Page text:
No good deed goes unpunished…

I said to my wife the other day concerning something that we saw or heard about on TV or from somewhere, “No good deed goes unpunished.”  She didn’t understand what I was talking about, having not heard that phrase used before.  I explained to her that sometimes it feels like the more good you try to do and the more you try to help others; the more you are taken advantage of or your good intentions and help are misconstrued by others in some convoluted way as a bad or a negative thing and they get offended.

This has  happened to me many a time since moving to New Orleans six years ago.  I came down here from Kentucky, where believe me the people are much nicer, and this has happened to me more times in six years here than in the 38 years that I lived up there.  I’m beginning to believe there is just something in the drinking water, or the liquor, down here that just makes certain people here disagreeable, miserable and generally unhappy with themselves.  So that when you try to be nice to them, give them a compliment, hold the door for them, smile at them, tell them they look nice today, offer them your seat, etc. they interpret your gesture of kindness through THEIR  misery clouded lens of perception and assume that your actions must in some way not be wholly altruistic but deviant and malicious.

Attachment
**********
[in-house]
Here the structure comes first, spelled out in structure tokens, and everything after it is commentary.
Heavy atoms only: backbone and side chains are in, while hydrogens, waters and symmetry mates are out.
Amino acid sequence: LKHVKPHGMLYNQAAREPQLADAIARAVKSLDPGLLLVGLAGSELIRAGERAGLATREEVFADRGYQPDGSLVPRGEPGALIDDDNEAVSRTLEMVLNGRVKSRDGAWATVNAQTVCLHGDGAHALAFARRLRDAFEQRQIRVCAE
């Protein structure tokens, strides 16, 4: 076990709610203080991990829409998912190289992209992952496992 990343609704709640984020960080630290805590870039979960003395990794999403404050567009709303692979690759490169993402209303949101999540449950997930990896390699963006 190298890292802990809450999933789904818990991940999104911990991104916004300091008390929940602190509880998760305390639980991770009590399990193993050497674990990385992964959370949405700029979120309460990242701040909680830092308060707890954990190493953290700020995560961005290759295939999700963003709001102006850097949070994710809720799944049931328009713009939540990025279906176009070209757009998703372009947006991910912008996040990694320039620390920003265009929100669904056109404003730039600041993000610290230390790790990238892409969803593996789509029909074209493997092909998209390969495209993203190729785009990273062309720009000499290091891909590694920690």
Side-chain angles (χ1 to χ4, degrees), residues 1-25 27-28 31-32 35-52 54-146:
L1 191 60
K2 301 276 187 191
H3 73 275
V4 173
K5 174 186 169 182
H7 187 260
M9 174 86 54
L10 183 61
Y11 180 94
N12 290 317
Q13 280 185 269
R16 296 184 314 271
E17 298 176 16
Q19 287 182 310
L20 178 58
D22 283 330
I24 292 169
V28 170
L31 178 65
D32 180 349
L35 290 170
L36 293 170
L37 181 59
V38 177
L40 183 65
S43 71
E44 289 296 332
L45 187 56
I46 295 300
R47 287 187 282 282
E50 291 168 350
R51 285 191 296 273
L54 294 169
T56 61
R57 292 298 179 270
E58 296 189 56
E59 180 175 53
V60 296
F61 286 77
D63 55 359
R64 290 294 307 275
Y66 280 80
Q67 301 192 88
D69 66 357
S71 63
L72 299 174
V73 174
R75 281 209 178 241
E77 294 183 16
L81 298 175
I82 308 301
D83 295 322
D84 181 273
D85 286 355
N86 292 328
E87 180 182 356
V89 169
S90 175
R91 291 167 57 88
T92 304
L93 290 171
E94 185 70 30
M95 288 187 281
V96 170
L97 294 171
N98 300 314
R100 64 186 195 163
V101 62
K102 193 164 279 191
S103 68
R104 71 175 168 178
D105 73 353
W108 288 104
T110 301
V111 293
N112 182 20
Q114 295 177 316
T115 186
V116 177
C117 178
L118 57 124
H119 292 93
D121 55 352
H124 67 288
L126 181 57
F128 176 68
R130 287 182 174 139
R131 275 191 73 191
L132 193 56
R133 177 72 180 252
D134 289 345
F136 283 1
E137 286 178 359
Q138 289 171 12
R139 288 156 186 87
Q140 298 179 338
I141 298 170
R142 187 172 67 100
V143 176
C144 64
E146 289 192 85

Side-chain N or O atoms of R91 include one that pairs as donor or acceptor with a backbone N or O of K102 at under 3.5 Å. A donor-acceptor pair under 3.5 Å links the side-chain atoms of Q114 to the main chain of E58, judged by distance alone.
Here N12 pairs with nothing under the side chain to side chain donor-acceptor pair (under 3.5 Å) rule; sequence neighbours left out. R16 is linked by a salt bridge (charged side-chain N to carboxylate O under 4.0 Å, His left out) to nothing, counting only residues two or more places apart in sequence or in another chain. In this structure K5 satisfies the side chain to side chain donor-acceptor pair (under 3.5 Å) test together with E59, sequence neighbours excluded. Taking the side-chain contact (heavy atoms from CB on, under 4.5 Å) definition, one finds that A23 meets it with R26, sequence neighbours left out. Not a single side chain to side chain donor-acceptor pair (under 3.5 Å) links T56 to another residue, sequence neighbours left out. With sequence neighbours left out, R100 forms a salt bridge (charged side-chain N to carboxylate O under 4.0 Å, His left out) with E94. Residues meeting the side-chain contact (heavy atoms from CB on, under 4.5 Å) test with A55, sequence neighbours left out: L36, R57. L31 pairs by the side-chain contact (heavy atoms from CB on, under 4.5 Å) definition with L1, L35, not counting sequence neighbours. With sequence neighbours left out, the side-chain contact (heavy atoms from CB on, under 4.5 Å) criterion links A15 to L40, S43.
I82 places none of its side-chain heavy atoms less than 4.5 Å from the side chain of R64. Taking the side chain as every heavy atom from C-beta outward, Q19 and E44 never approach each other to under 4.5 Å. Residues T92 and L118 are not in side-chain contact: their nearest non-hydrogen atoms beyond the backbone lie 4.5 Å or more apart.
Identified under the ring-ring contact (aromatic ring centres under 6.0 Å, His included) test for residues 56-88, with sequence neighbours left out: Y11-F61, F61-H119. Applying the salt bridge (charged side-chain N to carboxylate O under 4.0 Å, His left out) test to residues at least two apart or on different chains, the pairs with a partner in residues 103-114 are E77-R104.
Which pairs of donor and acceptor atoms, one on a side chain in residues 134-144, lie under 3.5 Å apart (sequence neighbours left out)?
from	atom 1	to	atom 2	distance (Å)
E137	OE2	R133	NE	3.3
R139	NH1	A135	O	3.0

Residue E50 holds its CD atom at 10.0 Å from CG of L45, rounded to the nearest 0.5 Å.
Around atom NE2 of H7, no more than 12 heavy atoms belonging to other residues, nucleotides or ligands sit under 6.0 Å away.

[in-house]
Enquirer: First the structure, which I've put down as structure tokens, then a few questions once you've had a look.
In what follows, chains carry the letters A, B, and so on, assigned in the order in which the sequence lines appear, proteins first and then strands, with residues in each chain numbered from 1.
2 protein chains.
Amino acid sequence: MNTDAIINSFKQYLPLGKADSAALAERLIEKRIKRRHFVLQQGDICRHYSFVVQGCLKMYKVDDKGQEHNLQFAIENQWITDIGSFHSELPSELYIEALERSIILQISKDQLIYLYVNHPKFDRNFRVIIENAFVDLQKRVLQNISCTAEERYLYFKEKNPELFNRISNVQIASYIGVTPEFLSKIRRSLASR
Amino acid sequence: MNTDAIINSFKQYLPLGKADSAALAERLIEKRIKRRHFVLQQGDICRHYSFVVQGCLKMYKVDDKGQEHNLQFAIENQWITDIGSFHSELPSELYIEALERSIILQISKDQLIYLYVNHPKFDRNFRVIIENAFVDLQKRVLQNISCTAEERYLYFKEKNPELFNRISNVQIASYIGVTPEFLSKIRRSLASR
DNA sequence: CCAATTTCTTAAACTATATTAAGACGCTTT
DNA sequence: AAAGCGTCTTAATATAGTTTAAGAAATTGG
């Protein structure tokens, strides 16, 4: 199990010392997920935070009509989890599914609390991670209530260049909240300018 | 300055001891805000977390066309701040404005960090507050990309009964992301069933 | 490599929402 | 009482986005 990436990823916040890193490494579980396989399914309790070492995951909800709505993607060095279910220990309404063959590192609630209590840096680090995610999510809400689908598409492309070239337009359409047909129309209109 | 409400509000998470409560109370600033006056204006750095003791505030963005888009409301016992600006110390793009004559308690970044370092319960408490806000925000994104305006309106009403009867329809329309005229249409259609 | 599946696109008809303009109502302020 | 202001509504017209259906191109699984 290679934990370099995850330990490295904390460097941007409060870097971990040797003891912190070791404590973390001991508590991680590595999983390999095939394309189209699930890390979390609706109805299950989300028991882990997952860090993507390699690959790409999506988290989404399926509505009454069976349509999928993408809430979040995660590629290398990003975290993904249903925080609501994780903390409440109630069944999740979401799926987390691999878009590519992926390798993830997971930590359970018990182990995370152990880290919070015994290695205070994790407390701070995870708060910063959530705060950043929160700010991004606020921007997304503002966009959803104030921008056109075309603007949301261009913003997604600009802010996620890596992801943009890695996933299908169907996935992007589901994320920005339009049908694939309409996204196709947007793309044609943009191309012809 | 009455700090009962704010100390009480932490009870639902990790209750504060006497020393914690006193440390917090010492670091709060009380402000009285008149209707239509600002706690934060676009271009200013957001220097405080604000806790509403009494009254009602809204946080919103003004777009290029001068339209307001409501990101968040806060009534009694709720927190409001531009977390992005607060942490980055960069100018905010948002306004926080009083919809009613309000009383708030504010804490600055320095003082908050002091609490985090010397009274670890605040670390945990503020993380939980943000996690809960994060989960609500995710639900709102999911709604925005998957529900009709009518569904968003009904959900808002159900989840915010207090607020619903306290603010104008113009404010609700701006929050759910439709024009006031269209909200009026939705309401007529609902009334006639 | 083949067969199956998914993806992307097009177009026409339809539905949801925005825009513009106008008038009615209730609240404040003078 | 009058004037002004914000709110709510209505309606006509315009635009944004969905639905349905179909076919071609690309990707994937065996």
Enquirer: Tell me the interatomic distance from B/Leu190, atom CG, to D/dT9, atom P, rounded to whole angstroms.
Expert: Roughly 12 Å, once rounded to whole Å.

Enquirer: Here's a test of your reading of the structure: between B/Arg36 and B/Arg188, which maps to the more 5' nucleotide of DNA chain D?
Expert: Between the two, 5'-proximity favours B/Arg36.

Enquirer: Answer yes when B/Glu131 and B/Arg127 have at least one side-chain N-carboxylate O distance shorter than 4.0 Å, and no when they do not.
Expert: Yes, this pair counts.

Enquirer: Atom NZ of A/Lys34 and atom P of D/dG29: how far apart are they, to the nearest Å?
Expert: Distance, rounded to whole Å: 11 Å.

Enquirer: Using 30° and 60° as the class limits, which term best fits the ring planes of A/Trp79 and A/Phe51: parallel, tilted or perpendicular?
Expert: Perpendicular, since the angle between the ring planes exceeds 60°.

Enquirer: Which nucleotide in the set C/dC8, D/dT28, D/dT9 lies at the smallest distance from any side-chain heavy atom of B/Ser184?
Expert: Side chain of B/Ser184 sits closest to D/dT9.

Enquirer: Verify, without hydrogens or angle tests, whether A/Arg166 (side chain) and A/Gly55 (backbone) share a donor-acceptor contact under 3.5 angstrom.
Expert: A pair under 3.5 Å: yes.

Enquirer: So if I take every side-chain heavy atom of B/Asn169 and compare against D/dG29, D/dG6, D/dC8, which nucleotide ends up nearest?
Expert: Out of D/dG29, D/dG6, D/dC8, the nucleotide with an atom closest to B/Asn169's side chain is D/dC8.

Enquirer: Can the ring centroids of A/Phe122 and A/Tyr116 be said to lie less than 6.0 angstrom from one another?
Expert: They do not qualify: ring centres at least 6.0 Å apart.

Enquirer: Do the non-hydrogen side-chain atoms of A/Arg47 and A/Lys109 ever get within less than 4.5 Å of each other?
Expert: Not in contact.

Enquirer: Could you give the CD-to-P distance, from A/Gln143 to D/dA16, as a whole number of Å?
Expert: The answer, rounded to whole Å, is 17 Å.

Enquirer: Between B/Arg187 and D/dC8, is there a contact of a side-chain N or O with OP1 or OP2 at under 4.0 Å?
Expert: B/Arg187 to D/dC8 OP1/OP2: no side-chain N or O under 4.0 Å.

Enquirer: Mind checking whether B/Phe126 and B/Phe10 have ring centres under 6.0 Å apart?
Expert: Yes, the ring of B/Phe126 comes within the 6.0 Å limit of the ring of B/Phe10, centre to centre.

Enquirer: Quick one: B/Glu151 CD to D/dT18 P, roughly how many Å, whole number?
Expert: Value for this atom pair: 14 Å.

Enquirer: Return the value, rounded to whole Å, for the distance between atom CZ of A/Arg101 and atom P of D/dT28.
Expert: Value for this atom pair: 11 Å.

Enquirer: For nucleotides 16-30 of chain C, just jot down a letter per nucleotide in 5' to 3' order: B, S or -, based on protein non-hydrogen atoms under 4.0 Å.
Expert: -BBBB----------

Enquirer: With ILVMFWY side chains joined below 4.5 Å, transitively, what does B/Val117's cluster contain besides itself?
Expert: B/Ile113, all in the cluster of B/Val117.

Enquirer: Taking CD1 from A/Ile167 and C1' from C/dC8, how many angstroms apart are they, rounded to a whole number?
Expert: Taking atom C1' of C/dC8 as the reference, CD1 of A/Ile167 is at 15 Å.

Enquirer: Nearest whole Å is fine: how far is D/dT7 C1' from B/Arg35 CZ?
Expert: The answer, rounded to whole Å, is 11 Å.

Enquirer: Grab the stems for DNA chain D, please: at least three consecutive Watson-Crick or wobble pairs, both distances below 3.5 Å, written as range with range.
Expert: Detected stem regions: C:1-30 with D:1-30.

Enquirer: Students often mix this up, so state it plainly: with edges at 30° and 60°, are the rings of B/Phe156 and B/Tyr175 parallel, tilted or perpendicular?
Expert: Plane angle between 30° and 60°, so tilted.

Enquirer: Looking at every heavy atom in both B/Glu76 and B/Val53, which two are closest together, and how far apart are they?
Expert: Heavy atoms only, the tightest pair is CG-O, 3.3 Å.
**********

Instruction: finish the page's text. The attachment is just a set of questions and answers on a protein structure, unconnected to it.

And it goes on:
I know, I should just move somewhere else if I don’t like it here, everyone else her thinks it’s a grand place, lots of culture, good times, very eclectic, etc.  And I probably should and probably will move away from here when I can as I have learned you can’t change people, especially ones who enjoy being miserable.  But until then I will probably just shut the hell up, just nod my head and smile at them and move on in life.  They won’t make me angry, mad or anywhere or anyway as miserable as they have chosen to be…



2 thoughts on “No good deed goes unpunished…

  1. I understand your sentiments. I am a “helper” and I was born in Kentucky. I help in small ways like
    opening doors, or taking out the neighbor’s trash, shoveling snow for others, etc. Here in Kentucky thoughtfulness and courtesies are becoming lost. When I help someone in public, at the store, let’s say…they seem genuinely thankful, but really shocked at the same time. I love the “Random Acts of Kindness” Movement we’ve seen lately.

    Now to your Post…..You are right, you can’t change the attitude or character of the folks you are living among! Get your butt back to Kentucky, where you belong. We need more “helpers” like you and I ! 🙂

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